Thomas Zehetmair was born into a musical family in Salzburg, studied violin with his father at the Mozarteum and made his debut, at the age of 16, at the 1977 Salzburg Festival. Now a soloist of international standing, he is a regular guest with orchestras inclusing the Chicago, Philadelphia and Boston Symphony Orchestras, the Berlin, Munich and Vienna Philharmonic Orchestras, the Cleveland Orchestra, the Concertgebouw Orkest Amsterdam, and the Gewandhaus Orchester Lepizig. Conductors with whom he has worked include Daniel Barenboim, Herbert Blomstedt, Nikolaus Harnoncourt, Heinz Holliger, Roger Norrington, Simon Rattle, and Esa Pekka Salonen. An ardent advocate of contemporary music, Zehetmair gave the first performance of Holliger's Lieder ohne Worte II and in 1997 premiered also his Violin Concerto at the Salzburg Festival. Zehetmair has recorded the violin concertos of Berg, Hartmann, Janacek, Brahms, Dvorak, Schumann and Mozart – as well as Paganini's 24 Caprices – for Teldec, and recently released recordings of the Bach and Bartók violin concertos with Berlin Classics. For ECM New Series, Zehetmair previously recorded B.A. Zimmermann's solo violin sonata, and plays alongside the Hagen Quartet, Daniel Phillips, Hatto Beyerle, and Markus Stocker in a 1984 realization of Shostakovich's Two pieces for string octet, op. 11 on Volume Two of Edition Lockenhaus.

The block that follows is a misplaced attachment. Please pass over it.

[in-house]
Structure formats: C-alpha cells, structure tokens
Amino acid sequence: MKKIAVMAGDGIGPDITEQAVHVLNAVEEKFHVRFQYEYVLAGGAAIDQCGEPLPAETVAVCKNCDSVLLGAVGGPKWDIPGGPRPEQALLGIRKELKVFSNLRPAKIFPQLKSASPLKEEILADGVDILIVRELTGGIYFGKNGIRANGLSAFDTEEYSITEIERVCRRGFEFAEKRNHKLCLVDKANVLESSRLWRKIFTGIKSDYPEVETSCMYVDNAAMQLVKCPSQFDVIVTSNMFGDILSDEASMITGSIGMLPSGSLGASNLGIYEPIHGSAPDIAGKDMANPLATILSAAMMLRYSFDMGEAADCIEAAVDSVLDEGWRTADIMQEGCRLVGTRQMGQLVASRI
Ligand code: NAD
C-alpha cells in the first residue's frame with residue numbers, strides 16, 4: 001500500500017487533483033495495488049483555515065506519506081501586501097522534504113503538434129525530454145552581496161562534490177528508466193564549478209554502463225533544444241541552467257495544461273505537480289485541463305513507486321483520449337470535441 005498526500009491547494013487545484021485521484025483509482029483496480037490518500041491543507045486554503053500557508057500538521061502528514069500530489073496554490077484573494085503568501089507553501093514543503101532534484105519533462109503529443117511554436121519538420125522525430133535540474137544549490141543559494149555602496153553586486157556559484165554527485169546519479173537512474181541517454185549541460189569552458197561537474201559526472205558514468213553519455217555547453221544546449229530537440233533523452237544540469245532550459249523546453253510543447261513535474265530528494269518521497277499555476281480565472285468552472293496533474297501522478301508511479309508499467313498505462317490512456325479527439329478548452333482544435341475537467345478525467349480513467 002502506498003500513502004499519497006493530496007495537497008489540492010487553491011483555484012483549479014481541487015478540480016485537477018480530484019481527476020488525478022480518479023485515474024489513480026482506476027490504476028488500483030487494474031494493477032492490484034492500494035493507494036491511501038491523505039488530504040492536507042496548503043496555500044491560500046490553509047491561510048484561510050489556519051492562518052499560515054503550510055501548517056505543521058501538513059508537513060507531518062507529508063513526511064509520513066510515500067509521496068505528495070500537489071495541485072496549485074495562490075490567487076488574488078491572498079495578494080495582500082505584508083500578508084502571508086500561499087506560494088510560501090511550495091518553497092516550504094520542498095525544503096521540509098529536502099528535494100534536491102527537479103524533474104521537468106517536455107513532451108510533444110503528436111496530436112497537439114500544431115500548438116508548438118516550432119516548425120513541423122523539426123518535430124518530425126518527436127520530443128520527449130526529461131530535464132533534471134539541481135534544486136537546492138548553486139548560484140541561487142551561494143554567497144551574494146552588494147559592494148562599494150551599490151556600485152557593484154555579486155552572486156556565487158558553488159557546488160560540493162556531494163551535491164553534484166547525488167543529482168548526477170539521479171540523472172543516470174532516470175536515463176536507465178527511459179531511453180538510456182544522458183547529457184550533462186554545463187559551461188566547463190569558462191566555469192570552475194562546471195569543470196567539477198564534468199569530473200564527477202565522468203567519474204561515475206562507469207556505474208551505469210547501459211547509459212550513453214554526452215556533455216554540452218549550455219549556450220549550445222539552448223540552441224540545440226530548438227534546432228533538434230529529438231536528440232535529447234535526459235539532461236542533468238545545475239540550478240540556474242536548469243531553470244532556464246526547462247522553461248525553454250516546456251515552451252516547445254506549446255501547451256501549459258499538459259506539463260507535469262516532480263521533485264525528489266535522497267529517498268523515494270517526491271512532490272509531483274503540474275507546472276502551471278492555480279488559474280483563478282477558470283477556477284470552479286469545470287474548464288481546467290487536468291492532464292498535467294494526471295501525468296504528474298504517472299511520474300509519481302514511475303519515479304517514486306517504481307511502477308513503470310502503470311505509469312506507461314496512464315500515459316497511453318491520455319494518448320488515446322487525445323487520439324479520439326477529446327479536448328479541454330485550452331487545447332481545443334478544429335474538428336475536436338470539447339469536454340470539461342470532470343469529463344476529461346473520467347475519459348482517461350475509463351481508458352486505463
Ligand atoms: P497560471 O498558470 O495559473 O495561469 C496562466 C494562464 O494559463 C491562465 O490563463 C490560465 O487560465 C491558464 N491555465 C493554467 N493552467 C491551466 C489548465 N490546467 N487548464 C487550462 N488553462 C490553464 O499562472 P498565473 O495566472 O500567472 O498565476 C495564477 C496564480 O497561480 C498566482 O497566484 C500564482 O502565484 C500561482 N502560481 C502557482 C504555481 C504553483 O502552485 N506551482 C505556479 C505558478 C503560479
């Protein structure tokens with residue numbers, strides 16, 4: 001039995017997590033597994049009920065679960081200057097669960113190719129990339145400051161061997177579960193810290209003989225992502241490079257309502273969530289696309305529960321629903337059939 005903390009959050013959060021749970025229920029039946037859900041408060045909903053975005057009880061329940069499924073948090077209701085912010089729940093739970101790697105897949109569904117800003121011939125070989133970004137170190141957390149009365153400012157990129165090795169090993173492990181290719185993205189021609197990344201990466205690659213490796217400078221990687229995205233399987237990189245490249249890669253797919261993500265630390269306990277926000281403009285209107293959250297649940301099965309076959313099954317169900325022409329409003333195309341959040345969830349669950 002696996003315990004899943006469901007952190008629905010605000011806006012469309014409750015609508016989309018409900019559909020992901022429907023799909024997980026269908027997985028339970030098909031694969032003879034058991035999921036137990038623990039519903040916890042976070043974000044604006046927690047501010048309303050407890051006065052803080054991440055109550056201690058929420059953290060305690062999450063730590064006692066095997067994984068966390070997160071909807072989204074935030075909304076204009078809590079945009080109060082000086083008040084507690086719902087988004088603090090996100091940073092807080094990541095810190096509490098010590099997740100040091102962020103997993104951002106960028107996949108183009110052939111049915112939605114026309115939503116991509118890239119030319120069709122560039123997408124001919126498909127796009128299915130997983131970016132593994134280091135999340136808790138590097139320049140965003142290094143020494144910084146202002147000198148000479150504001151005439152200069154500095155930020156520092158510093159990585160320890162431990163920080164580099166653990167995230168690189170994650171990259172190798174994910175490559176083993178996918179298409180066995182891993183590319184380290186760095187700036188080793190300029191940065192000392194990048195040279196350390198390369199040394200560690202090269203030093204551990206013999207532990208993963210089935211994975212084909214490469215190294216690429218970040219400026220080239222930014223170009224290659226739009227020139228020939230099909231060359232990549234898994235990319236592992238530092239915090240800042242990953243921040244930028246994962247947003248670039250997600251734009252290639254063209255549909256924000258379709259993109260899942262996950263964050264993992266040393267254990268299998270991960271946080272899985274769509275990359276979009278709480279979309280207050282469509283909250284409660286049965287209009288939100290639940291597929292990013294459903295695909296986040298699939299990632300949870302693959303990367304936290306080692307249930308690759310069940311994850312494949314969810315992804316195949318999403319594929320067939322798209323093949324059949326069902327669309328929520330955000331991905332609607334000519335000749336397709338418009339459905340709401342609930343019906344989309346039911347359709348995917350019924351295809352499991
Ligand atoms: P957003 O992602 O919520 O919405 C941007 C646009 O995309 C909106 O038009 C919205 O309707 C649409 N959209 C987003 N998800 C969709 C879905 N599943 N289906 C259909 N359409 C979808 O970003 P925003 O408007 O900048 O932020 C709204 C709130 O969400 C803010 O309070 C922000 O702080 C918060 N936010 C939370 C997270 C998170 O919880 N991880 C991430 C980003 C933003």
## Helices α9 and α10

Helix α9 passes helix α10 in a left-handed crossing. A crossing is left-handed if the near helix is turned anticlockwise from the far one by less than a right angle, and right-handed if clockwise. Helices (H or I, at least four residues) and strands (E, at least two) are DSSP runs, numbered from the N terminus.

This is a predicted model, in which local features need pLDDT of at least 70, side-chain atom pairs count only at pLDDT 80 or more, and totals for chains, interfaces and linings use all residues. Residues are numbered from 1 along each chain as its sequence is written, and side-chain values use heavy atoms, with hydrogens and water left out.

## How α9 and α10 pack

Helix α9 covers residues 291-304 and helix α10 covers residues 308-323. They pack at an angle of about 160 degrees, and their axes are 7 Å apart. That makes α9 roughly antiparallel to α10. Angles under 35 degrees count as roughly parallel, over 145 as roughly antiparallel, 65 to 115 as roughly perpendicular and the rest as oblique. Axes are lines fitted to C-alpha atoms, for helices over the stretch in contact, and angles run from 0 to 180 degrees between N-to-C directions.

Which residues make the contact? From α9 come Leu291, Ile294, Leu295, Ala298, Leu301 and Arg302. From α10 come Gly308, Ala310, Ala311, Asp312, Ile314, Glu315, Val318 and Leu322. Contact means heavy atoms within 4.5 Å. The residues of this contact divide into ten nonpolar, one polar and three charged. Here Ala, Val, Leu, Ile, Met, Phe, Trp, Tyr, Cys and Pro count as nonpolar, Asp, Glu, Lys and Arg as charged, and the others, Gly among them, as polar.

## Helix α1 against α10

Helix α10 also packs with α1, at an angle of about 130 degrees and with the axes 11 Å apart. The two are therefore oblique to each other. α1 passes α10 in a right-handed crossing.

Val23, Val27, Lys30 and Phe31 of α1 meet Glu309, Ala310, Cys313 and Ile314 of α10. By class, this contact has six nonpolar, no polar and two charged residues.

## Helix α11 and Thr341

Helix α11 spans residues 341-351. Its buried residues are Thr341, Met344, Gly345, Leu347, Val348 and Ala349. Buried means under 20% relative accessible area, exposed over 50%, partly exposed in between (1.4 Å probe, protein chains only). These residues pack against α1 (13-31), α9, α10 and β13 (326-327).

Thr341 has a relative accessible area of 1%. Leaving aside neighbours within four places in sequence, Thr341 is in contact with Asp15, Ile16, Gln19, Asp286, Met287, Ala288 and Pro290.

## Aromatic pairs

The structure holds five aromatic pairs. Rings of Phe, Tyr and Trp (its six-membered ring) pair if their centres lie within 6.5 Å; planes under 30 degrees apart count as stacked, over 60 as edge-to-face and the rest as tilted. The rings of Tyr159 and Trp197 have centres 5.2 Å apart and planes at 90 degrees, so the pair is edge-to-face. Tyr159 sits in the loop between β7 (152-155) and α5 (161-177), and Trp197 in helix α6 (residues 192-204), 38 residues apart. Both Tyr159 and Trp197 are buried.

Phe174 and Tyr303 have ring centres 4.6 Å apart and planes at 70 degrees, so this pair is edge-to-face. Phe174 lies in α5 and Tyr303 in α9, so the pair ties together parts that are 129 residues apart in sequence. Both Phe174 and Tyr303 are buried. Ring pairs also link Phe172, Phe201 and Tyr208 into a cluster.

Born in Innsbruck, Thomas Larcher studied piano and composition in Vienna. He has worked with conductors including Claudio Abbado, Michael Boder, Michael Gielen and Heinz Holliger, plays regularly with the Chamber Orchestra of Europe, the Mozarteum Orchester, Salzburg, and the Wiener Kammerorchester, and is a member of the Artis and Carmina Quartets. His chamber music partners include Thomas Demenga, Christian Altenberger, Christine Whittlesey, Ernst Kovacic and Thomas Zehetmair.